Neel, P. L., E. 0. Burt, and S. L. Carlyle. 1979.
Tolerance of 5 warm-season turfgrasses and 36
ornamental plants to asulam. J. Amer. Soc. Hort.
Sci. 104:129-132.

Irrigation and fertilization

Snyder, G. H. and E. 0. Burt. 1976. Nitrogen fertil-
ization of bermudagrass turf through an irrigation
system. J. Amer. Soc. Hort. Sci. 101:145-148.
Snyder, G. H., E. 0. Burt, and J. M. Davidson. 1979.
Nitrogen leaching in bermudagrass turf: Daily
fertigation vs. triweekly conventional fertil-
ization. Proc. 3rd Int. Turfgrass Conf. (In press).
Snyder, G. H., E. 0. Burt, and B. L. James. 1976.
Nitrogen fertilization of bermudagrass turf in
south Florida with urea, UF, and IBDU. Proc.
Florida State Hort. Soc. 89:326-330.
Snyder, G. H., G. J. Gascho, and E. 0. Burt. 1977.
Correcting pH induced Mn deficiency of 'Tifgreen'
bermudagrass turf. p. 113 in: Agronomy Abstracts.










(IFAS PUBLICATIONS, CONTINUED)


Improved grasses

Busey, P. 1978. GENOS: A data system for plant breeders.
p. 108 in: Agronomy Abstracts.
Busey, P. 1977. Turfgrasses for the 1980's. Proc. Florida
State Hort. Soc. 90:111-114.
Myers, B. J. and P. Busey. 1977. Analysis of genetic
variation in St. Augustinegrass (StenotaphAuum
secundatum ). p. 112 in: Agronomy Abstracts.
Reinert, J. A. and A. E. Dudeck. 1974. Southern chinch
bug resistance in St. Augustinegrass. J. Econ.
Entomol. 67:275-277.
Reinert, J. A. 1978. Antibiosis to the southern chinch
bug by St. Augustinegrass accessions. J. Econ.
Entomol. 71:21-24.
Reinert, J. A., A. E. Dudeck, and G. H. Snyder. 1979.
Resistance of bermudagrass to the bermudagrass mite.
Environ. Entomol. 8: (In press).



















Acknowledgements: Special thanks for the illustrations
to R. D. Graham (cover photo); F. W. Howard (pp. 3, 17);
L. Morgan (pp. 4, 14, 20); and A. L. Reinert (p. 11).


~~









SCIENTISTS AT FORT LAUDERDALE RESPONSIBLE FOR TURF

Administration

W. B. Ennis, Jr., Professor of Agronomy and Center
Director, Ph.D. 1948, Univ. Wisconsin; M.S. 1941,
Univ. Maine; B.S. 1939, Univ. Tennessee.

Insects

J. A. Reinert, Associate Professor of Entomology,
Ph.D. 1970, Clemson Univ.; M.S. 1968, Clemson
Univ.; B.S. 1966, Oklahoma State Univ.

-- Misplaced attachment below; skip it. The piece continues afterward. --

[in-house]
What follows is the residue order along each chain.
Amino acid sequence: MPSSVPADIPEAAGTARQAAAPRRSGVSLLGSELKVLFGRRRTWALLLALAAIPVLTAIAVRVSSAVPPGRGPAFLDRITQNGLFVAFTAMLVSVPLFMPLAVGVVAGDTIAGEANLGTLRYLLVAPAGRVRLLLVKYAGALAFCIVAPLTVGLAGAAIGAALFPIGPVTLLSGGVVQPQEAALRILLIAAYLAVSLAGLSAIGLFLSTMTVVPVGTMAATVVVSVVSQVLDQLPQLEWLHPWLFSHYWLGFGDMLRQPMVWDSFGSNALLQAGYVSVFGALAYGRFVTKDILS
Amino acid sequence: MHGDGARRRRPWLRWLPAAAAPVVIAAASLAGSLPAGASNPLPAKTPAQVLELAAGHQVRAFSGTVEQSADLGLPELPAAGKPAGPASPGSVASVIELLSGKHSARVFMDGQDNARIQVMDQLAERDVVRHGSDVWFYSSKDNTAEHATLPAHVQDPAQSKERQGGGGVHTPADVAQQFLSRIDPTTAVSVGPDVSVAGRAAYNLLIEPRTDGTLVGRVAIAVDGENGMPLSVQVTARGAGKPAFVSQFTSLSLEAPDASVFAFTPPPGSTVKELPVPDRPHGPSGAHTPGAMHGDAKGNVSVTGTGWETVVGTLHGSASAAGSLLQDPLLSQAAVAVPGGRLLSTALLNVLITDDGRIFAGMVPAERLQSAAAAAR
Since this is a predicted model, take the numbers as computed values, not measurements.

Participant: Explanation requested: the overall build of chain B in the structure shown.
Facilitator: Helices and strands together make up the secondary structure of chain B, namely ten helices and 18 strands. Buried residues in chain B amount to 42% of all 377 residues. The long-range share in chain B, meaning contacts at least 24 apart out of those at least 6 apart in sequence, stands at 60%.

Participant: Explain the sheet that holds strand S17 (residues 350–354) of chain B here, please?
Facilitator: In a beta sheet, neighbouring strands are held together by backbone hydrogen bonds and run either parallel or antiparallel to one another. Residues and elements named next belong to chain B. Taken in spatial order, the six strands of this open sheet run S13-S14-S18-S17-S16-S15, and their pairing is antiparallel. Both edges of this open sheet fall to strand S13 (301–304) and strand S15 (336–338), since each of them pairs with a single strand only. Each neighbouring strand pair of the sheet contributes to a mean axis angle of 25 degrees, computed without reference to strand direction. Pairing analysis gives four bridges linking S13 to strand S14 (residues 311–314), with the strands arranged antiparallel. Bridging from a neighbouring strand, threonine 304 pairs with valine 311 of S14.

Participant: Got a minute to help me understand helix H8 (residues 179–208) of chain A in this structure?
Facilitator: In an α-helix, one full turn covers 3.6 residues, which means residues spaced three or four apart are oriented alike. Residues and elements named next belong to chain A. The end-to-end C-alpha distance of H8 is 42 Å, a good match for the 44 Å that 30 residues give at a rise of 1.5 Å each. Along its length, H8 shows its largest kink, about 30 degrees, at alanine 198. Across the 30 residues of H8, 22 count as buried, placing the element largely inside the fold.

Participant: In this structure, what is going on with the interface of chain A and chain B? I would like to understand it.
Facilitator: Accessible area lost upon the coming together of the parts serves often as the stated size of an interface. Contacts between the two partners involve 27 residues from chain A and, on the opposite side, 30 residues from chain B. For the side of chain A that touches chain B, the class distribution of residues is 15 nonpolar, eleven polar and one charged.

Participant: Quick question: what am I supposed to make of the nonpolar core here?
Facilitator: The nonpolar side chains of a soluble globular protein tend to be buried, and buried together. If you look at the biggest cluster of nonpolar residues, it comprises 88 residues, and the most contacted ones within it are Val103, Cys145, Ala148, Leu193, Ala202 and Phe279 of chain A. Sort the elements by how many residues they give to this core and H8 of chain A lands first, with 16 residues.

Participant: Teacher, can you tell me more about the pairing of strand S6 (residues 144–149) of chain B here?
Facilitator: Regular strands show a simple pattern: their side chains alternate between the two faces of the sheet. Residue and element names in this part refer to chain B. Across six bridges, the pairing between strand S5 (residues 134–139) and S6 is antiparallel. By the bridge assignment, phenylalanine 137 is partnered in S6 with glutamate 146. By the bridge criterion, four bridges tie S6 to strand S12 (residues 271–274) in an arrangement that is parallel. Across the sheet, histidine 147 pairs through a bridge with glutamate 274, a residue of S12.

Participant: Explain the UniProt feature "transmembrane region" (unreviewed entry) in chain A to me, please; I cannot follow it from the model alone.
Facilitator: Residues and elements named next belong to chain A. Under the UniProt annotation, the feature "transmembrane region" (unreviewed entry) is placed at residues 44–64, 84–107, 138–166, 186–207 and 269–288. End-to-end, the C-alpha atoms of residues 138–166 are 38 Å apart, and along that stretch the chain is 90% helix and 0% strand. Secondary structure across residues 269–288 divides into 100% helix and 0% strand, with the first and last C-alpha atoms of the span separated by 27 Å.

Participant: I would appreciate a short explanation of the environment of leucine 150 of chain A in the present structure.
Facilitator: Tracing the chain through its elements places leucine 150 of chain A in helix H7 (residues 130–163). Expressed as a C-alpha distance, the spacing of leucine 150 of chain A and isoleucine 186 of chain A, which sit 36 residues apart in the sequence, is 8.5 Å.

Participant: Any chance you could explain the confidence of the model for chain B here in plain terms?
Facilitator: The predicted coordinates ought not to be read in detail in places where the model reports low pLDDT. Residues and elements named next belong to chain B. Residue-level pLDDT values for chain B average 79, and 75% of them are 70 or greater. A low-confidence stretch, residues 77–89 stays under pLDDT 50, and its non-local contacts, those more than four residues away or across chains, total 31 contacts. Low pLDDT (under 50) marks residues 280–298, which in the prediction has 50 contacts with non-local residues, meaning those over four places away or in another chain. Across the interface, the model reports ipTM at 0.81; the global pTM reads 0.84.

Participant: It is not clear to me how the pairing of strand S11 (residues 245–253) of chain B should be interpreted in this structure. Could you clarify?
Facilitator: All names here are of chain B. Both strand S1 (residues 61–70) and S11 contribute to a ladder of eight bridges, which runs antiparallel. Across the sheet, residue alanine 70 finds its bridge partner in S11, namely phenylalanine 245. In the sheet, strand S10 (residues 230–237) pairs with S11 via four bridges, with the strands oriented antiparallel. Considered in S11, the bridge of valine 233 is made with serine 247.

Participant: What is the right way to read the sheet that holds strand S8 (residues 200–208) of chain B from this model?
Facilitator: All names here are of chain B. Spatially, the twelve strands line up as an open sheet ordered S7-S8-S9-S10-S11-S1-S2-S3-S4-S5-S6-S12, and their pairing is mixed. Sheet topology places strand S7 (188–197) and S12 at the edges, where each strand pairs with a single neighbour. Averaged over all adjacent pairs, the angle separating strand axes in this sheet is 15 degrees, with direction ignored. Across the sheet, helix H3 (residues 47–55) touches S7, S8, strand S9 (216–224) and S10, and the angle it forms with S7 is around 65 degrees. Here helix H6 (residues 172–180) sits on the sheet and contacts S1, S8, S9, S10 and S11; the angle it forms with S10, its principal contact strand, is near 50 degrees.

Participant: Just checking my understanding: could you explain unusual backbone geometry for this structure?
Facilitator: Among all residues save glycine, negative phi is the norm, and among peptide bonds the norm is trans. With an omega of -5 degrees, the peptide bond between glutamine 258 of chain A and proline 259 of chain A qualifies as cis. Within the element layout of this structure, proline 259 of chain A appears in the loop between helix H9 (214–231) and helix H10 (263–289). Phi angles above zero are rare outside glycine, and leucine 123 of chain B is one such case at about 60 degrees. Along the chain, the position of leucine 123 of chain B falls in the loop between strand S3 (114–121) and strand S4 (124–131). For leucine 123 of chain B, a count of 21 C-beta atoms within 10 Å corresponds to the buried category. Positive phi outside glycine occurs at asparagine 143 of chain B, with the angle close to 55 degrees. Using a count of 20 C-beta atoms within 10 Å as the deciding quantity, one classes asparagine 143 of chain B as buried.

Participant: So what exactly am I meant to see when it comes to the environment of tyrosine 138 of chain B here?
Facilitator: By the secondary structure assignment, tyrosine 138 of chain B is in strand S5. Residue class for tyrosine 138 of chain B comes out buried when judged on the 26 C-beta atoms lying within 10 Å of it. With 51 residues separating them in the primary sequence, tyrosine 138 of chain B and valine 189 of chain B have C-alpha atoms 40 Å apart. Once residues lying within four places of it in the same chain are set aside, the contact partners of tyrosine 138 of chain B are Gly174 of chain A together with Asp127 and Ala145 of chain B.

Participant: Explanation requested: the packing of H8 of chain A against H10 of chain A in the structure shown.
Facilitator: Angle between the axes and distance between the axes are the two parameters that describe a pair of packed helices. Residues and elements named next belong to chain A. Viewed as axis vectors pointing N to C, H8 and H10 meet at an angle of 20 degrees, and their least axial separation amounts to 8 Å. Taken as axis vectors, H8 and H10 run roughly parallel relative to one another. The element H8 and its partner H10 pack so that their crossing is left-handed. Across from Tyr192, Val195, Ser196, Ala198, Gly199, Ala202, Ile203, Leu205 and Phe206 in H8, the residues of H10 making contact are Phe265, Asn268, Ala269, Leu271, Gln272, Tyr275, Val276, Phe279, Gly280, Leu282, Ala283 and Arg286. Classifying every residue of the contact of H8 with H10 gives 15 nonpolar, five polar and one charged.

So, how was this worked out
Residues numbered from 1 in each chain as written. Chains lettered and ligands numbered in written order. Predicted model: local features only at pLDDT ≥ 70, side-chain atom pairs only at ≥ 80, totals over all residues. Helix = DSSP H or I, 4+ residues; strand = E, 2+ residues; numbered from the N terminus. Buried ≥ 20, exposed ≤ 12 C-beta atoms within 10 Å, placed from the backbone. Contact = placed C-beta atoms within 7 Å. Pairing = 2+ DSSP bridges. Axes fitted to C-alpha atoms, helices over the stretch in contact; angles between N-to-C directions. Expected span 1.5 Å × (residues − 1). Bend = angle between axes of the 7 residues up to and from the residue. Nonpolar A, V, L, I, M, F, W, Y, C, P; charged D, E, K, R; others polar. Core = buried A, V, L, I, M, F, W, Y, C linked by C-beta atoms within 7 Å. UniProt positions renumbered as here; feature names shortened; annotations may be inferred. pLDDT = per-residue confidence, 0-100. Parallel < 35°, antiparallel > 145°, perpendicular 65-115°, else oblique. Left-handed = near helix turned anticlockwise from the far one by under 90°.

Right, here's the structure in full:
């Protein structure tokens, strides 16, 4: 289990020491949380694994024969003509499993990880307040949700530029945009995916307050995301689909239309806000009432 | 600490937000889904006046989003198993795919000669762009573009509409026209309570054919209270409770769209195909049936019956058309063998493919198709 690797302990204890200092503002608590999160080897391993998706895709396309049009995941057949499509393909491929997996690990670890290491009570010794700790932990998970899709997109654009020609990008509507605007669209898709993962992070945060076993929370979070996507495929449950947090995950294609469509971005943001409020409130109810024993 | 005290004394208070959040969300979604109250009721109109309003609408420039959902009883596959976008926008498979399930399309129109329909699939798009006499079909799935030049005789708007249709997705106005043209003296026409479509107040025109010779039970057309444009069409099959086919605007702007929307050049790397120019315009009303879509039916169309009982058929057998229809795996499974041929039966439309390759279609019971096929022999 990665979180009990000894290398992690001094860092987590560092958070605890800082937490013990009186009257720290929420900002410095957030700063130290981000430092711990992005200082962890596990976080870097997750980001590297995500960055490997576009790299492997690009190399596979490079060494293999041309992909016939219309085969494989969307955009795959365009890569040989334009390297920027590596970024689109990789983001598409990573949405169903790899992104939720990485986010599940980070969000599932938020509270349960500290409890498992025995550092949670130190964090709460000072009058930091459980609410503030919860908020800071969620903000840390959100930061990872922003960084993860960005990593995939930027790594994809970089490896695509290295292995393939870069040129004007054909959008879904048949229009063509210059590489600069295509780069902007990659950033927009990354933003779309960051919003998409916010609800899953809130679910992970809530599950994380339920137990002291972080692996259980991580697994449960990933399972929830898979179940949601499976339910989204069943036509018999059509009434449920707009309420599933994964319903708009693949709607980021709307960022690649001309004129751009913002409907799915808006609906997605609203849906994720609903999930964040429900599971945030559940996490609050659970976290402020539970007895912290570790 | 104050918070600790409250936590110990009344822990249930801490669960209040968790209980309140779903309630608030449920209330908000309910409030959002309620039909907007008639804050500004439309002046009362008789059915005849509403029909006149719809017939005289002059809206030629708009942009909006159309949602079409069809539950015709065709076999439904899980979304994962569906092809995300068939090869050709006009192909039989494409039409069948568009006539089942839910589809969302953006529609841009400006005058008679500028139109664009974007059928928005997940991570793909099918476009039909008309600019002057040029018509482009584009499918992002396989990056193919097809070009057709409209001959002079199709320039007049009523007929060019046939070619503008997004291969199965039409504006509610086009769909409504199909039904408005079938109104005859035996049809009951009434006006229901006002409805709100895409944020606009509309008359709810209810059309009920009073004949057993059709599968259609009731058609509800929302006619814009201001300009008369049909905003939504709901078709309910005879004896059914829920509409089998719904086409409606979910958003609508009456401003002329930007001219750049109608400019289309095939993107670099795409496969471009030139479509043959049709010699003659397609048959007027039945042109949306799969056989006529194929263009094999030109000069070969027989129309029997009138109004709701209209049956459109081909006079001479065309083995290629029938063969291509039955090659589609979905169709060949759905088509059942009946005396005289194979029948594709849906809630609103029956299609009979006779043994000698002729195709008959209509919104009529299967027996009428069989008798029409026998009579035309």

Diseases

R. A. Atilano, Assistant Professor of Plant Pathology,
Ph.D. 1977, Univ. California (Riverside); M.S.
1971, Cornell Univ.; B.S. 1966, California State
Polytechnic College.

Weeds and management

E. 0. Burt, Professor of Ornamental Horticulture,
Ph.D. 1954, Ohio State Univ.; M.S. 1950, Ohio
State Univ.; B.S. 1944, Ohio State Univ.

Irrigation and fertilization

G. H. Snyder, Associate Professor of Soil Science,
AREC Belle Glade, Ph.D. 1967, Ohio State Univ.;
M.S. 1964, Ohio State Univ.; B.S. 1962, Ohio
State Univ.

Improved grasses

P. Busey, Assistant Professor of Ornamental
Horticulture, Ph.D. 1976, Univ. Arizona; M.S.
1971, Univ. Illinois; B.S. 1969, Colorado State
Univ.









Broward County Extension -
3245 SW 70th Avenue
Fort Lauderdale, FL 33314
(305)-581-8010


rAgricultural Research ui
Center
3205 SW 70th Avenue -.
( )-
( 305)-584-6990









SCIENTISTS AT FORT LAUDERDALE RESPONSIBLE FOR TURF

Administration

W. B. Ennis, Jr., Professor of Agronomy and Center
Director, Ph.D. 1948, Univ. Wisconsin; M.S. 1941,
Univ. Maine; B.S. 1939, Univ. Tennessee.

Insects

J. A. Reinert, Associate Professor of Entomology,
Ph.D. 1970, Clemson Univ.; M.S. 1968, Clemson
Univ.; B.S. 1966, Oklahoma State Univ.

Diseases

R. A. Atilano, Assistant Professor of Plant Pathology,
Ph.D. 1977, Univ. California (Riverside); M.S.
1971, Cornell Univ.; B.S. 1966, California State
Polytechnic College.

Weeds and management

E. 0. Burt, Professor of Ornamental Horticulture,
Ph.D. 1954, Ohio State Univ.; M.S. 1950, Ohio
State Univ.; B.S. 1944, Ohio State Univ.

Irrigation and fertilization

G. H. Snyder, Associate Professor of Soil Science,
AREC Belle Glade, Ph.D. 1967, Ohio State Univ.;
M.S. 1964, Ohio State Univ.; B.S. 1962, Ohio
State Univ.

Improved grasses

P. Busey, Assistant Professor of Ornamental
Horticulture, Ph.D. 1976, Univ. Arizona; M.S.
1971, Univ. Illinois; B.S. 1969, Colorado State
Univ.








Broward County Extension
3245 SW 70th Avenue
Fort Lauderdale, FL 33314
(305)-581-8010

PAgricultural Research uj
Center
3205 SW 70th Avenue o-
(305)-584-6990 C


8 84


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1













COVER: Turfgrass research plots at Fort Lauderdale.
The principle of lowering soil pH to correct Mn
deficiency is demonstrated. The lowermost rect-
angular plot received no manganese, but remains
dark green due to the lowering of soil pH.
Micronutrient availability to turf is especially
precarious on the weakly buffered sands of southern
Florida. Alkaline irrigation water is sufficient
to raise soil pH to an unacceptable level.
Ammonium sulfate is very effective in lowering
soil pH rapidly.







IFAS


This public document was promulgated at an annual
cost of $155.35 or a cost of 15.5 per copy to
inform individuals working in turfgrasses of
research progress on turf at Fort Lauderdale
Agricultural Research Center.